Do you know the right way to report bugs and give feedback/suggestions?
  v25.0 Posted at 11/11/2020 11:50 AM by Jean Thirion

​​​​​​​When reporting bugs and giving product feedback, it is essential that you are as descriptive as possible, so that the developer can reproduce the error to find out what the problem is or understand what features you are requesting.

Try to be as efficient as possible: 

  1. If there is a GitHub backlog, add an issue and @mention relevant people
  2. If there is a Azure DevOps backlog, add a PBI and @mention relevant people
  3. If you don't know where the backlog is, or don't have access, then send an email 

Try to have one issue/PBI/email per bug​/suggestion, but if the bugs/suggestions are related or very small (e.g. they are all on the same page) then you should group them together in a single email.​

Figure: Bad Example - This email isn't going to help the developer much - it is vague and has no screen capture, and gives no alternate way for the developer to contact the user regarding the issue
Figure: Good Example - This email includes the product name and version, the category of the issue (BUG), a screen capture and contact number, and shows that the user's system is up to date
A great template to follow is the Functional Bug template from the ASP.NET open-source project. Spending time to provide as much detail as possible, by ensuring you have the three critical components of: Steps to reproduce, Expected outcome, and Actual outcome, will save the both you and the developer time and frustration in the long run.

Also, make sure your descriptions are detailed and useful as that can make finding the solution quicker and easier.

Make sure you always explain and give as many details as you can of how you got an error or a bad experience.

Hi, Rebecca,

Where is SSW TV on the navigation?

- Adam  

Figure: Bad example - Lack of details

Hi, Rebecca,

  1. Navigated to ssw.com.au
  2. Scrolling down looking for a big graphic like "CHECK OUT SSW TV! CLICK HERE!"
    Me, thinking… "Hmm… let's try the menu at the top..."
  3. About Us? Nope.
  4. Services? Nope.
  5. Products and Support? Nope.
  6. Training? Nope.
  7. User Group? Nope.
  8. Rules? Nope.
    Me, thinking... "OK. Now where? Most likely, the SSW company description will list it..."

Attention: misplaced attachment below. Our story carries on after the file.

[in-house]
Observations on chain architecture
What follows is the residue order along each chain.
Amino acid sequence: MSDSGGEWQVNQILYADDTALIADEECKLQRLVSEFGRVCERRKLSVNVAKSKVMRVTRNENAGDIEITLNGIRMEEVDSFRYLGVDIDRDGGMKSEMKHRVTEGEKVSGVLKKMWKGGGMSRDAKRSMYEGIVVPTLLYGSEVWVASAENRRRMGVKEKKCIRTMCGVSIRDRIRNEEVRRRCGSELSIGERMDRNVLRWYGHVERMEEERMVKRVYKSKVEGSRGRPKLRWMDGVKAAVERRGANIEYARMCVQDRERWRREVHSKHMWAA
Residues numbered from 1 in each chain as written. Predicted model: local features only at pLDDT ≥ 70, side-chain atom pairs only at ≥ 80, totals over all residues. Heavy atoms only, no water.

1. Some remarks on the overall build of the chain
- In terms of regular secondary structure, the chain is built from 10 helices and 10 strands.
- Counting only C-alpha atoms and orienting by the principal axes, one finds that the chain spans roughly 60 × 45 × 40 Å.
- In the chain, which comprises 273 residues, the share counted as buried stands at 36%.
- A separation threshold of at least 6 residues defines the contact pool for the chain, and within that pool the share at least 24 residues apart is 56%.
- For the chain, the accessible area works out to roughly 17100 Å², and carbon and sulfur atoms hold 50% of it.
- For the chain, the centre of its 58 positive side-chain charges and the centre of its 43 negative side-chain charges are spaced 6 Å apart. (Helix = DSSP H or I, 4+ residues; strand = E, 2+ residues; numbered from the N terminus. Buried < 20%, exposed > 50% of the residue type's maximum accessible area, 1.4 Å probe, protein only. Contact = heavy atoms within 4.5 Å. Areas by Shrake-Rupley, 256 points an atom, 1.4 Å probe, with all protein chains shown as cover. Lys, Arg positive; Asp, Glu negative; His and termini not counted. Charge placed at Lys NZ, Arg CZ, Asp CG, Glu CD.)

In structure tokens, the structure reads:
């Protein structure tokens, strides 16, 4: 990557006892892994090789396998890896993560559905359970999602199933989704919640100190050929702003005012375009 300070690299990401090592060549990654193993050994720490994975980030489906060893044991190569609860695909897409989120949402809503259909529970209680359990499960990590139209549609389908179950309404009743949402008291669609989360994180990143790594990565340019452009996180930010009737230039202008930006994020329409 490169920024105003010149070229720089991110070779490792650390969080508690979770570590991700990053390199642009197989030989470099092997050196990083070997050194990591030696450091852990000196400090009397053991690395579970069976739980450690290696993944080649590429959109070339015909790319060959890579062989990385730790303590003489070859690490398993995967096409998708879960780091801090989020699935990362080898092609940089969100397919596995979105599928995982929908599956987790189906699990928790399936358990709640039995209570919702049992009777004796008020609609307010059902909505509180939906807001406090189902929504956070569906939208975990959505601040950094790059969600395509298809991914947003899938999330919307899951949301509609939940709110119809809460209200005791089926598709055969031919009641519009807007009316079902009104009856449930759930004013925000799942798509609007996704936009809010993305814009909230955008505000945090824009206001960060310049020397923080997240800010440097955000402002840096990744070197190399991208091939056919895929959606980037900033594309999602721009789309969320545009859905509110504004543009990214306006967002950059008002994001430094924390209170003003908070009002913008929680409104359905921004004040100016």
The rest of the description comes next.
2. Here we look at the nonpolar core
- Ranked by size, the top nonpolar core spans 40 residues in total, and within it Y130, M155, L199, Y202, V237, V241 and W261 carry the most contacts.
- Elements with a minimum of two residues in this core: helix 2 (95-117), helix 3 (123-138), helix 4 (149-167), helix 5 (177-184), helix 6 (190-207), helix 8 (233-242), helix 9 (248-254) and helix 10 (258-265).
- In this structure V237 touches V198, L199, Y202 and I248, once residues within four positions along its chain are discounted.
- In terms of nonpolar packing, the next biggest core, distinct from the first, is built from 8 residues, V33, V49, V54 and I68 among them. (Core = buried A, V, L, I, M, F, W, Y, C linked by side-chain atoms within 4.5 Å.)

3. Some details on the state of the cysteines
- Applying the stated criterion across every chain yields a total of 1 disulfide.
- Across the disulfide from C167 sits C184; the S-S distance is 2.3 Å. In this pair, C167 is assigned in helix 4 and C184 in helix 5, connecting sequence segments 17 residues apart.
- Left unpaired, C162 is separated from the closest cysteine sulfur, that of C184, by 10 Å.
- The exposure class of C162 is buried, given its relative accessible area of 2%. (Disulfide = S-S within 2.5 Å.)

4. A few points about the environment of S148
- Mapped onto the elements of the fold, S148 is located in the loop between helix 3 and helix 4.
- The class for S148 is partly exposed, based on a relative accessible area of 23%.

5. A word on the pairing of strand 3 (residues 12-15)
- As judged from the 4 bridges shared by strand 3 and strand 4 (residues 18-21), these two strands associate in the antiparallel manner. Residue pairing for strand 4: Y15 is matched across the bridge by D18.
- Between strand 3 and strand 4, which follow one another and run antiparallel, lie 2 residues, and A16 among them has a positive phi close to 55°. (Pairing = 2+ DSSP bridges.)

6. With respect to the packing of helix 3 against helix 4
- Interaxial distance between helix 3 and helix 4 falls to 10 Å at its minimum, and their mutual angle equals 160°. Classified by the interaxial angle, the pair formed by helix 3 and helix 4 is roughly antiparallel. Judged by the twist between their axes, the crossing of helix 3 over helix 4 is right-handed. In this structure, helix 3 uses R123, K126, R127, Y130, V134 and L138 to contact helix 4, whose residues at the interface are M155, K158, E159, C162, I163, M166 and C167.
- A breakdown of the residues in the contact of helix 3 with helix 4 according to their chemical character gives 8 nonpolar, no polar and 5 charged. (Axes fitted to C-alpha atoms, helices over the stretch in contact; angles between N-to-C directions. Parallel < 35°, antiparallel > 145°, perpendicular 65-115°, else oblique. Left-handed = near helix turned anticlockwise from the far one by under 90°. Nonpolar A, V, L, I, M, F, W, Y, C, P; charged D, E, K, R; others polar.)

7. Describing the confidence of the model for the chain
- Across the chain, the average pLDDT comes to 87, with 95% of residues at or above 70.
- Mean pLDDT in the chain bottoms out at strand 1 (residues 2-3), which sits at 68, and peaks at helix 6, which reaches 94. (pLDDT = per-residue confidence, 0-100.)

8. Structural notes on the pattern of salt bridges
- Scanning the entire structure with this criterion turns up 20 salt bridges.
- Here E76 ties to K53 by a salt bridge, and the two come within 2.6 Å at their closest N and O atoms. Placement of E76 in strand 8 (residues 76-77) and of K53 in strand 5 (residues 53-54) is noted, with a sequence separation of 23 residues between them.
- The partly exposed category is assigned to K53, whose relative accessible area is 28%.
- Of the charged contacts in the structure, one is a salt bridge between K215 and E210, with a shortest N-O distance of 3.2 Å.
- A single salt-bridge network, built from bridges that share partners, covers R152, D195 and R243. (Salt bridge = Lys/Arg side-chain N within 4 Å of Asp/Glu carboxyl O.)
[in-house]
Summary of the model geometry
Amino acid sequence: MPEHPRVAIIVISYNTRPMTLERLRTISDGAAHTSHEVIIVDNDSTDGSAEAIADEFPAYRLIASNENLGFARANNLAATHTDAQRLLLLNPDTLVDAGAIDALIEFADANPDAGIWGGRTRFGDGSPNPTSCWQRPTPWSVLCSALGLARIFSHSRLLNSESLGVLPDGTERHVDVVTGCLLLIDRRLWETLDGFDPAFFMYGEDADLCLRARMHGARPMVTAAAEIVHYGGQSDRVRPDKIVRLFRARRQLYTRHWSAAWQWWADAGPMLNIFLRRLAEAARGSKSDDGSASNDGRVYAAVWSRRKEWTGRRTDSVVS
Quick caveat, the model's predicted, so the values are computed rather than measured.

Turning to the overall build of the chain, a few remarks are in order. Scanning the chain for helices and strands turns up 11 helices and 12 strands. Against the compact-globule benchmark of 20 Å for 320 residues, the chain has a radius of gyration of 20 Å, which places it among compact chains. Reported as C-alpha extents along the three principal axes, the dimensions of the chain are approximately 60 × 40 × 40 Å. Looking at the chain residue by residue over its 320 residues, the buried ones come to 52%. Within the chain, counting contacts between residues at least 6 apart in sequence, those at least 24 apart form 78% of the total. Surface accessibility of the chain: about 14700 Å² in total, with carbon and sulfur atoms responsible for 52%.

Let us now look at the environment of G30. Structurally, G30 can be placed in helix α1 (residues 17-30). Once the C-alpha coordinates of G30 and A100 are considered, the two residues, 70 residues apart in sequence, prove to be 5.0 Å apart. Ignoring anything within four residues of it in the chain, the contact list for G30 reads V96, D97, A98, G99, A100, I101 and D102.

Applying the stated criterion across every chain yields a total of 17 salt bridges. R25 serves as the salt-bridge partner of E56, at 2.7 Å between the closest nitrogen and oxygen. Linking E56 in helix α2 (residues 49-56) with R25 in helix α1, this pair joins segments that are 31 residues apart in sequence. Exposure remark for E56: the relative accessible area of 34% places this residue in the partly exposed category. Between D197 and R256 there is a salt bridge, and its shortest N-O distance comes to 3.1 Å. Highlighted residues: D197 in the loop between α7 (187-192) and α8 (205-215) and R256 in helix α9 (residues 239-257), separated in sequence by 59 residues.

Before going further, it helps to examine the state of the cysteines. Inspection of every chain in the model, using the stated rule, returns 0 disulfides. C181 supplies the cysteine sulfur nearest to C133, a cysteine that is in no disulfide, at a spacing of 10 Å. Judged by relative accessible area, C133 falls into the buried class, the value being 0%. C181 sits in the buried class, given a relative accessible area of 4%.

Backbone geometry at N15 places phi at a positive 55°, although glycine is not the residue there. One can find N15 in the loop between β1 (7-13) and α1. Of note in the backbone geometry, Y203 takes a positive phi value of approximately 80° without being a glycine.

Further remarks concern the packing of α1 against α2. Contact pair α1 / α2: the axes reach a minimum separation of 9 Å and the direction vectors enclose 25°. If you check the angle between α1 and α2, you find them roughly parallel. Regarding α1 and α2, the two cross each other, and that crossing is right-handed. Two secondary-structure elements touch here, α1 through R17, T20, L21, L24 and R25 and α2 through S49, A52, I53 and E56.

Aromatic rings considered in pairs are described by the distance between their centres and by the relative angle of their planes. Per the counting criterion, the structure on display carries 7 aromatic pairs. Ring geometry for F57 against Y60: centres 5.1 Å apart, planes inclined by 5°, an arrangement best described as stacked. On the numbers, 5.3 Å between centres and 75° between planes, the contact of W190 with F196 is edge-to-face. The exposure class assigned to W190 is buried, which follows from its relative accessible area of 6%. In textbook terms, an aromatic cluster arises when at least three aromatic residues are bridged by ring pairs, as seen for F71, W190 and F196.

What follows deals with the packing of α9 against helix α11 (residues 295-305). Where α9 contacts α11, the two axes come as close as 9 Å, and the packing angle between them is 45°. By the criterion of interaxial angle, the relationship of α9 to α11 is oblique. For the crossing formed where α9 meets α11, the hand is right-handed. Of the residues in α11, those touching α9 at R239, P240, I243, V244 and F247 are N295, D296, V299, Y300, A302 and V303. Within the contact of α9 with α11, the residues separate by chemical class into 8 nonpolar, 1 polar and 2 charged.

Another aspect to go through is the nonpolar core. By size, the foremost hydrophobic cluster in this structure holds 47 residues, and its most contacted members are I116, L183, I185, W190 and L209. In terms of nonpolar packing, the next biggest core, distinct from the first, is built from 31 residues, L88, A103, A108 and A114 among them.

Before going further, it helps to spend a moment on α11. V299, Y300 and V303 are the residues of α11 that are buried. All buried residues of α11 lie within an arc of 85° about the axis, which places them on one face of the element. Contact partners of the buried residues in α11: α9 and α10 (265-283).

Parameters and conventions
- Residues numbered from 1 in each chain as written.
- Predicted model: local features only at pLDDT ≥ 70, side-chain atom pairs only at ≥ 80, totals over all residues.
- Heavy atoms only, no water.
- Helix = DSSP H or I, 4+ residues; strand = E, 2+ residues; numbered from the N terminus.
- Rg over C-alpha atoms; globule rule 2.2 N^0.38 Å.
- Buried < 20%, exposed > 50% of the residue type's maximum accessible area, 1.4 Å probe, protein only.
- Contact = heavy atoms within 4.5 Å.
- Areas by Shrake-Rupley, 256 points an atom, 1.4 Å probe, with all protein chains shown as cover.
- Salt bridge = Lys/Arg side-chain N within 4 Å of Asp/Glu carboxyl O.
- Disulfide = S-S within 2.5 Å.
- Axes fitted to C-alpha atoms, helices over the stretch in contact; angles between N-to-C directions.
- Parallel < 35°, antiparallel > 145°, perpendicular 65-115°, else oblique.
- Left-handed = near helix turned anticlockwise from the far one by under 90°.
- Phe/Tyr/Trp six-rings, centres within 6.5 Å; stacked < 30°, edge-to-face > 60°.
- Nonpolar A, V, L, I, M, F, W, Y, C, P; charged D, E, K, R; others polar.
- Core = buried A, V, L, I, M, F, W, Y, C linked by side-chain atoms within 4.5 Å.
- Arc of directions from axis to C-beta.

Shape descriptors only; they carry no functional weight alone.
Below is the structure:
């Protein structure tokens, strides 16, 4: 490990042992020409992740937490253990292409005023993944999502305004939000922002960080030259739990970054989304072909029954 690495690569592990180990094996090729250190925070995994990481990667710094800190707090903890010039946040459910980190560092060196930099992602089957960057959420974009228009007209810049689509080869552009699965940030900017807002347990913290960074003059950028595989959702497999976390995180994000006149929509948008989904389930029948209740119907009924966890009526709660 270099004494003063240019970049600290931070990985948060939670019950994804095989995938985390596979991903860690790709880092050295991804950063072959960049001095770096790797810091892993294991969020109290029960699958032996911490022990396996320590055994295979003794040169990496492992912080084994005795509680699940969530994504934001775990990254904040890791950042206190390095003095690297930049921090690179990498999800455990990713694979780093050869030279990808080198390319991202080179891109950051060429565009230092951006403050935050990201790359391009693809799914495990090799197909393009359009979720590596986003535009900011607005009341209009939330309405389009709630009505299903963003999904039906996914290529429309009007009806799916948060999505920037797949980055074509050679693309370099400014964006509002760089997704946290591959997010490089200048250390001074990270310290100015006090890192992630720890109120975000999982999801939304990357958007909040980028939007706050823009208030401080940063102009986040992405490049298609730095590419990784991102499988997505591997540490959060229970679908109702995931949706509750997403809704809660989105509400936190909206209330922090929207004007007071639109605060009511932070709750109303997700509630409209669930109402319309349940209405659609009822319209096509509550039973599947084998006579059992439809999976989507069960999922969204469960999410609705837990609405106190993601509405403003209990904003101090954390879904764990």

9. Navigates to About Us.
  10. Me, scrolls down… nothing.
    Me, thinking... "OK. Weird. Let's go back."
  11. Me, goes back to homepage.
    Me, thinking… "Is there a site map?"
  12. Scrolls to bottom of page. Clicks sitemap link.
    Me, thinking... "Ctrl+F for TV? Nope."
  13. Me, gives up… types tv.ssw.com.au to try and get lucky. Huzzah!

- Adam

Figure: Good example - We can easily identify more the one way to improve the UX

Better than a good description of the bug is a screen recording. This should be followed for a more detailed report. Use Snagit or Camtasia​ to record your screen.

Figure: Good example - Recording bug reports in a video can make the issue clearer to see

Figure: Good example - Giving feature requests via video

Who should you email, the Product Owner or the Tech Lead?

It depends on the team, but often the Product Owner is busy. If you know the Tech Lead and your suggestion is obviously a good one and not too much work, then you should email the Tech Leader and CC the Product Owner.
The Product Owner can always respond if he doesn’t like the suggestion.​
For a bug email:   TO: TechLead@  CC: ProductOwner  Subject:BUG xxx   (or use PBI @mention)​
For a new feature email:  TO: TechLead@  CC: ProductOwner  Subject:SUGGESTION xxx  (or use PBI @mention)
​Note: There is no use for: sswtimepro@ssw.com.au​

When you create a bug/suggestion to a backlog, it's important to add an emoji in the title so it looks nicer.
I.e: "🐛 Bug - Calendar is not showing on iOS devices" 
"✨Feature - Add 'Back to menu' item to top navigation"

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